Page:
The mismanagement of closers

Getty Images/Brian Garfinkel - Why do managers insist on running their closers just one inning?
Getty Images/Brian Garfinkel – Why do managers insist on running their closers just one inning?

By Edward Overend

As we all know, an MLB roster is made up of 25 players at any time yet all of our attention is focused on the everyday players and the starting pitching. Sure, the accumulator of that most arbitrary of statistics, the save, is known to most fans too but what about the other 6 or 7 arms that sit away from the dugout, only called upon on the whim of a manager? The bullpen.

Over the years, this has possibly been the last thing sorted when assembling a squad, almost an afterthought. Throw a few guys together with live arms , perhaps a limited arsenal, a couple of LOOGIES and ‘voila’ there you have it, a major league bullpen.

However, ask what the biggest strength of the American League Champion Kansas City Royals was last season and a lot of informed people will tell you it was their 1,2,3 punch at the back end of games. Greg Holland, Wade Davis and Kelvin Herrera were practically unhittable, especially down the stretch, and propelled the Royals to their most successful season in more than 20 years.

The stats back this up. Kansas City’s pen contributed a WAR in 2014 of 5.9 games, best in MLB. World Series Champions, the San Francisco Giants, ranked 5th in team bullpen ERA in the majors.

However, there is an argument that managers misuse their relievers by saving their ‘closer’ until the team has a lead and finds itself within spitting distance of the end of a game.

Statistically, the ninth inning is more likely to feature a closer facing lineup spots 6-9, while the eighth inning guys, the ‘set up’ men handle the 2-5 spots.

It’s just the way things are done in baseball. Closers, usually regarded as the best relievers are for the ninth inning. Set up men are for the eighth inning, with seemingly very little wiggle room. Everyone else be on your toes no matter the time or score. The thinking is archaic and no data seems to be able to shift how bullpens are used.

Why are teams so reluctant to change this? It may be as simple as a fear of failure, of being different, of being the subject of ridicule. Baseball is full of so many ‘truisms’ that are true only because they have been drummed into us for so long that they must be so.

Remember when a run producer was the clean up guy who drove in runs, who provided RBI, guys like Ryan Howard? Ryan Howard had 95 RBIs last year, good for 4th in the National League. Great, yes? Not so much. Howard’s WAR, admittedly taking into account his fielding and base running, in 2014 was -1.1. He cost the Phillies a game compared to if they had just had a league average player at 1B, a total nobody.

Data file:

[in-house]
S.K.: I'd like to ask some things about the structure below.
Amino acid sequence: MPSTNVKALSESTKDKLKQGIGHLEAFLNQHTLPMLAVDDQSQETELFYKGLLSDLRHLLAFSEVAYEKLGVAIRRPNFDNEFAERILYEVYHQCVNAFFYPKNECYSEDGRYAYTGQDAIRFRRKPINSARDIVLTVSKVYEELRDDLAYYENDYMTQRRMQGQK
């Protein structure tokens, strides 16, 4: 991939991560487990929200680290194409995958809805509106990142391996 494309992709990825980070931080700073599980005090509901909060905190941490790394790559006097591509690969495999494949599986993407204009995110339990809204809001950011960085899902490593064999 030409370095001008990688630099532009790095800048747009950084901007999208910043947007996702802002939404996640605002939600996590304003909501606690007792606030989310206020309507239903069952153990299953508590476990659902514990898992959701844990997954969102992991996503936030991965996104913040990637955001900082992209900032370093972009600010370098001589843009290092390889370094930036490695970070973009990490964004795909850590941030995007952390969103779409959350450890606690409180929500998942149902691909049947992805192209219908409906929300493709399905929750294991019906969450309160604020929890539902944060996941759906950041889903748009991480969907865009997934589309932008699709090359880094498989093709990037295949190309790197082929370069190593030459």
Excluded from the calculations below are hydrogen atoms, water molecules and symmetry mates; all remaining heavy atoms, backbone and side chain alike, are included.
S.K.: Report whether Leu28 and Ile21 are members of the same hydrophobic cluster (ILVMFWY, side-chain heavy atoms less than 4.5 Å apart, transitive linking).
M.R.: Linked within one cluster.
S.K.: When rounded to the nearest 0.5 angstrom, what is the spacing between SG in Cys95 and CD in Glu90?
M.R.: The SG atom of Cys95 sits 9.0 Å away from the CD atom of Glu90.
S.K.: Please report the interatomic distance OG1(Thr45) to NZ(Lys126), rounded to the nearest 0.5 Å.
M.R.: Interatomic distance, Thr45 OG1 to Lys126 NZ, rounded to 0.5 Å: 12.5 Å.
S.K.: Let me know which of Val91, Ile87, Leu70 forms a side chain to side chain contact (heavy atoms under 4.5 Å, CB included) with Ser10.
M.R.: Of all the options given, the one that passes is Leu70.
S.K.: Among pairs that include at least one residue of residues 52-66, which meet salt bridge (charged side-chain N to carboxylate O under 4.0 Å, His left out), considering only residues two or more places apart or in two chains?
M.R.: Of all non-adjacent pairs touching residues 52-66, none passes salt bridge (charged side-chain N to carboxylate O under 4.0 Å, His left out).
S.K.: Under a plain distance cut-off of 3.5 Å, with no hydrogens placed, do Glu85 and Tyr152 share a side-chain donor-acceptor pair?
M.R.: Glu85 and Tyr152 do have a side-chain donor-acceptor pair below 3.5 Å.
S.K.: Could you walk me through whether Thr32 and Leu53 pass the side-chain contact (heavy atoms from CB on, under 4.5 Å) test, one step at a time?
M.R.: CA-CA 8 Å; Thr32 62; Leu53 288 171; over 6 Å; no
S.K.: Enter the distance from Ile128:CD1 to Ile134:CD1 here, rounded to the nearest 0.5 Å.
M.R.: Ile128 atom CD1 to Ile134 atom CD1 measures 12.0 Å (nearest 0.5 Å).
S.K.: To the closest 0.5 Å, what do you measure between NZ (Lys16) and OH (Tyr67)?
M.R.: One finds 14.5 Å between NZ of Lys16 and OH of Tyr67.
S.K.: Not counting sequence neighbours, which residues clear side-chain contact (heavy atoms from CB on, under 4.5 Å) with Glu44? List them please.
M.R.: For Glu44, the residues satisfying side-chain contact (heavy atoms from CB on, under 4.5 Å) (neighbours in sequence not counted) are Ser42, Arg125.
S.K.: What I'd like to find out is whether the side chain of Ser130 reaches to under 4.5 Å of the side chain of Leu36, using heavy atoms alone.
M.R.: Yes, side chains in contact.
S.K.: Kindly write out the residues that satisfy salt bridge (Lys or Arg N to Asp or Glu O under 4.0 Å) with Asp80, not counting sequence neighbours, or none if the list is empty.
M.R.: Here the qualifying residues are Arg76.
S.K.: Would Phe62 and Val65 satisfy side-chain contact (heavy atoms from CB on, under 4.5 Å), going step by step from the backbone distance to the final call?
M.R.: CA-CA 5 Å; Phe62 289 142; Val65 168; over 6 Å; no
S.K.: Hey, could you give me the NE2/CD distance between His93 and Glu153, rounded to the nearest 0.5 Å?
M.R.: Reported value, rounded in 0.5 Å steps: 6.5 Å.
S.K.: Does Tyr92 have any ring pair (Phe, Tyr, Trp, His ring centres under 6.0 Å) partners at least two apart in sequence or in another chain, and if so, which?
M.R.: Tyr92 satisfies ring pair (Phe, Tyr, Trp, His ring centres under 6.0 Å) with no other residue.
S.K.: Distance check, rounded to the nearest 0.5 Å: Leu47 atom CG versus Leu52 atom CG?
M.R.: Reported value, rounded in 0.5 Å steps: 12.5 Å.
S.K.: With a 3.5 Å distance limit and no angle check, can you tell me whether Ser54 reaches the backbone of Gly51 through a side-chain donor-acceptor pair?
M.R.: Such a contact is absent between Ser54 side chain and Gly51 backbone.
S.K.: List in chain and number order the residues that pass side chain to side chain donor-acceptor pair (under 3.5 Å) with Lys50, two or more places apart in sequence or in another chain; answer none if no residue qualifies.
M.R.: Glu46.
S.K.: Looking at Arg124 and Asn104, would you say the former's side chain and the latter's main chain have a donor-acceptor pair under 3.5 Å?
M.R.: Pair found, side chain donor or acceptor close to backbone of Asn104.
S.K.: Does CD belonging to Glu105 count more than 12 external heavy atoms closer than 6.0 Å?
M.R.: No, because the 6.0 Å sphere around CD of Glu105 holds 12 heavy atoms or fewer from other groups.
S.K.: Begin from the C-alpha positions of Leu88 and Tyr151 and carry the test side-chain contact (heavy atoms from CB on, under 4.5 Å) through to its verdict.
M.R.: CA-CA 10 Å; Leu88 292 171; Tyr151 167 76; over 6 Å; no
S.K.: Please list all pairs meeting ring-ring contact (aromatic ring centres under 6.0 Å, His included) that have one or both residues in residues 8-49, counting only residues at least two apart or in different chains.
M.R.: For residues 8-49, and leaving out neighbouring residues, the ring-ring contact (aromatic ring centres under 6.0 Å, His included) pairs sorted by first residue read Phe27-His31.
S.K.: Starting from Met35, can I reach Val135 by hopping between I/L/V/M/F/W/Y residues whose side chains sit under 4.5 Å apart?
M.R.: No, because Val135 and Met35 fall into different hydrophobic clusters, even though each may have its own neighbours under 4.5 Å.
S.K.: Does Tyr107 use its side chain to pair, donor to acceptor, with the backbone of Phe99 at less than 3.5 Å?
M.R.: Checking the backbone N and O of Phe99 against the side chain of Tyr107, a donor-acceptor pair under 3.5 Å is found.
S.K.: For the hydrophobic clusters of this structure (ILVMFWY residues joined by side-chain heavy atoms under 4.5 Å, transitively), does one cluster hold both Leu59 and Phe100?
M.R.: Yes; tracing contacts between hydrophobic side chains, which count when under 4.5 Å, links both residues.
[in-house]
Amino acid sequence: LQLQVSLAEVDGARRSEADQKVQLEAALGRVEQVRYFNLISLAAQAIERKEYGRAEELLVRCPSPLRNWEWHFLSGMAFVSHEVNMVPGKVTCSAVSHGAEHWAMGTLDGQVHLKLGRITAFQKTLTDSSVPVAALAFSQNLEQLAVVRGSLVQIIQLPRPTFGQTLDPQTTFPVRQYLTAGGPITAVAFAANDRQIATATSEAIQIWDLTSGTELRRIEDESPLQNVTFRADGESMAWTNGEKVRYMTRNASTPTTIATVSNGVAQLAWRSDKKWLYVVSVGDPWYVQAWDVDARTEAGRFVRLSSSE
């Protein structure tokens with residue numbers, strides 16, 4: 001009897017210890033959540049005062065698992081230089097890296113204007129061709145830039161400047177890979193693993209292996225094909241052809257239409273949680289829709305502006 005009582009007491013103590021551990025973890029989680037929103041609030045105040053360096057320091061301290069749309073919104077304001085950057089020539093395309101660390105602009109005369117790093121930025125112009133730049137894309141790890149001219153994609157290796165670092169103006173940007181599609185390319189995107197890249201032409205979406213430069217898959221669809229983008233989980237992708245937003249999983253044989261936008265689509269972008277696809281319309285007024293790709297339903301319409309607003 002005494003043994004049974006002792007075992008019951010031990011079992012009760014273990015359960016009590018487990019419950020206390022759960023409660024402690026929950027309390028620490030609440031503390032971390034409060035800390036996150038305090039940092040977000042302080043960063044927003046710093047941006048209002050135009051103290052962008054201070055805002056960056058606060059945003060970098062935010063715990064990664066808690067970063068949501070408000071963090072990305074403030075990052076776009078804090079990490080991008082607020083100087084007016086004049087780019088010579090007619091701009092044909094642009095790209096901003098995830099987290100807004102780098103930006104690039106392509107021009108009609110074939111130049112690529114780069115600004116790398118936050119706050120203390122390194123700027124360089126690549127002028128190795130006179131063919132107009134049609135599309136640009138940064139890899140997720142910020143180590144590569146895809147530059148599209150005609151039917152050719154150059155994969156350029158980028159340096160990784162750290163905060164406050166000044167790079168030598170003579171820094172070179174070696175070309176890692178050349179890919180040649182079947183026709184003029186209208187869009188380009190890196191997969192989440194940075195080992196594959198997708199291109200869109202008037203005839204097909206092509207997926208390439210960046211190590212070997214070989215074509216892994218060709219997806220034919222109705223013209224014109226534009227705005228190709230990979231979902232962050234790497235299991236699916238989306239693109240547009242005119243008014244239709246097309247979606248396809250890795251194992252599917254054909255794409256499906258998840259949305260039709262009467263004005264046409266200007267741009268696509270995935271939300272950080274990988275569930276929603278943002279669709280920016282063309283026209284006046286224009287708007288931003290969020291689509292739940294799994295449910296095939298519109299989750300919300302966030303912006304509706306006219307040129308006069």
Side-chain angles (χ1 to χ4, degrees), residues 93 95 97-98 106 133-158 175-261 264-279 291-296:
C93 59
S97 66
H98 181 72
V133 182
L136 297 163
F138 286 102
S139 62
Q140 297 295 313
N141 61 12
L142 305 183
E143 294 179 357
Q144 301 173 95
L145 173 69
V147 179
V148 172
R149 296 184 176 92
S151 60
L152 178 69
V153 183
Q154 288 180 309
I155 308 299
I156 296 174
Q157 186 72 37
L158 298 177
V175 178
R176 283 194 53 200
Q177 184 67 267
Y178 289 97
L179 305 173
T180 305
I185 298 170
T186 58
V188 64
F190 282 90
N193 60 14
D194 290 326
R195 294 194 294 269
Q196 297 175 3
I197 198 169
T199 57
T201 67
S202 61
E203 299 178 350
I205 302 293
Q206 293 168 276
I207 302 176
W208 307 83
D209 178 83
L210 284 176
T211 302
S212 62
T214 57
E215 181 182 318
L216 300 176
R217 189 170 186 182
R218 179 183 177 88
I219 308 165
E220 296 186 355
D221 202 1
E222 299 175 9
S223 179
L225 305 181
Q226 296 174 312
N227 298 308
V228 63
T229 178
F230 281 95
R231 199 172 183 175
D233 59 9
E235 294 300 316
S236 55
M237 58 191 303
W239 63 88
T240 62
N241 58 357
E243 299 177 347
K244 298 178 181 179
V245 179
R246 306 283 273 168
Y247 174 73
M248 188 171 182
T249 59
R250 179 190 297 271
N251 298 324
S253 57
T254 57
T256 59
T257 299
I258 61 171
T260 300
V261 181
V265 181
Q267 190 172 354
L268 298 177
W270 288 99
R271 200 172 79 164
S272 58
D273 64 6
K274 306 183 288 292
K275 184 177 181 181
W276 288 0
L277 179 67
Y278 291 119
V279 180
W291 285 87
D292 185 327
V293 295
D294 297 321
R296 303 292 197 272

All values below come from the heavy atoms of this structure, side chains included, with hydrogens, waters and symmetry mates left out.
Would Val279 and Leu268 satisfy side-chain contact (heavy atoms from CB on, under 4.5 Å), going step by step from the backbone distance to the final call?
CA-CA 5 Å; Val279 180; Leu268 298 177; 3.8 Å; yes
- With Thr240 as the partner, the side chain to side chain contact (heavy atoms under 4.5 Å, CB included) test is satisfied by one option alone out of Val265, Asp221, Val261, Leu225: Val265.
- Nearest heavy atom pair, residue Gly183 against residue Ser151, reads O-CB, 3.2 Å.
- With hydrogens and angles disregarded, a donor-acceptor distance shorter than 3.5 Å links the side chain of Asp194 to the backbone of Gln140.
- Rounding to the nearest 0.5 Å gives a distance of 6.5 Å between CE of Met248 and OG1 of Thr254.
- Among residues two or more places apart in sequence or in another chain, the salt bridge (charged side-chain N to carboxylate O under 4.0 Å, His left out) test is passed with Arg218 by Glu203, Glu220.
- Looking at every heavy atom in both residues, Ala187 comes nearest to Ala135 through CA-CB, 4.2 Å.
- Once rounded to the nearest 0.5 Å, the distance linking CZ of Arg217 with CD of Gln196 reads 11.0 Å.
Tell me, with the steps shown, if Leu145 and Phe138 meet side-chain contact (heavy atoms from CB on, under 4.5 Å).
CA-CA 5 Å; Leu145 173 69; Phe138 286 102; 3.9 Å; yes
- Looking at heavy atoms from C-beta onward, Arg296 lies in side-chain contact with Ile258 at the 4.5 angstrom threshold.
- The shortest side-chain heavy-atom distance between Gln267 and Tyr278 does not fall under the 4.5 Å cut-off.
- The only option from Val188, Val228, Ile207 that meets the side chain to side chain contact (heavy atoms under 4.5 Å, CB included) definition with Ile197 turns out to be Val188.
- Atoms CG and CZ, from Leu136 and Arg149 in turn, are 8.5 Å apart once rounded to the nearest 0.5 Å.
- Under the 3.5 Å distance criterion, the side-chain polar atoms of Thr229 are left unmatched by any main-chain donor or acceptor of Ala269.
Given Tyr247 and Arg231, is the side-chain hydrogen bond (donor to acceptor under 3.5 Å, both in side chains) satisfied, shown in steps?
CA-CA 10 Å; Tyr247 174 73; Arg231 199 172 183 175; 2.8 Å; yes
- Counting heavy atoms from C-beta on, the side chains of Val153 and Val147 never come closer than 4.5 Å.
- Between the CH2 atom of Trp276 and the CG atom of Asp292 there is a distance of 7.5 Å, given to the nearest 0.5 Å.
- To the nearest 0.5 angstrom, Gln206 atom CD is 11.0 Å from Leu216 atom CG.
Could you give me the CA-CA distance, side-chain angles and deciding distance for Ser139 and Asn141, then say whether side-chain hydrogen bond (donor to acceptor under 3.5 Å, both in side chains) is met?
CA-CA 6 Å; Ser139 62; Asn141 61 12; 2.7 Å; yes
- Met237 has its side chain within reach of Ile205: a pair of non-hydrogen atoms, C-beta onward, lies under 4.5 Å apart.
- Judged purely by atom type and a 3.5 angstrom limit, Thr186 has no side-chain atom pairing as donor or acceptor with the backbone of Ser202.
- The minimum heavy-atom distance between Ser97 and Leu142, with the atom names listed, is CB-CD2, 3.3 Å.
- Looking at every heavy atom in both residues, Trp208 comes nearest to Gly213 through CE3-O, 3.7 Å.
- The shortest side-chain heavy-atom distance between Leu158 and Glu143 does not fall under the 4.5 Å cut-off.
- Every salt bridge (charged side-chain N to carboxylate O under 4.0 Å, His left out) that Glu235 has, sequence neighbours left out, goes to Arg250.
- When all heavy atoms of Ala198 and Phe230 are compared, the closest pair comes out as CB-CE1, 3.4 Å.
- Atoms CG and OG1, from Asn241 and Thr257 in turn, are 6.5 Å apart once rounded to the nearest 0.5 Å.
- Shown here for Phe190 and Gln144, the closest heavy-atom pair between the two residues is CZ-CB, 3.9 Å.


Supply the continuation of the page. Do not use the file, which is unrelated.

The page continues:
In football, the stats men would argue in a lot of cases, that when faced with a fourth down, the most prudent thing to do is go for it. However, more often than not, teams opt to punt. What if we don’t make it? Then what? Then the media and Twitter will call into question the coach’s very sanity. Why risk it when one can hide behind years and years of ‘proof’ that that is the thing to do?

To understand why saving a closer for only the final three outs isn’t always a wise strategy, you must first understand game leverage theory.

The basic premise: The first pitch of the game has low leverage because there still is an entire game to be played, and just about any situation in a blowout game is low leverage. But when a game is close (a deficit/advantage of three runs or fewer) in the seventh, eighth, ninth and any extra innings, the leverage situations go way up because one play can drastically effect each team’s win probability.

In a one run game with nobody out and runners on first and second in the seventh inning, the pitcher from the team leading the game is facing a high leverage situation. A hit or an out then changes the chance of a team winning hugely

Save situations – ninth inning leading by three runs or fewer – are high leverage in their own right with nobody out. By definition ‘save situation’ means the game is close and it won’t take much to alter the win probability. However, nobody on and nobody out in a three run game in the ninth inning carries a lower leverage than a one run game in the eighth with two runners on and fewer than two outs.

It’s a little common sense, a lot of maths and a great deal of ‘new school’ thinking.

The ‘ace’ of a rotation is its best pitcher, and ‘true aces’ are the best starters in the sport. But managers can’t use these guys at will because starters need rest.

But if a manager has a ‘relief ace’ he can use that pitcher in just about any situation in which the game is in the balance. And he can use him three or four days in a row if the situations call for that.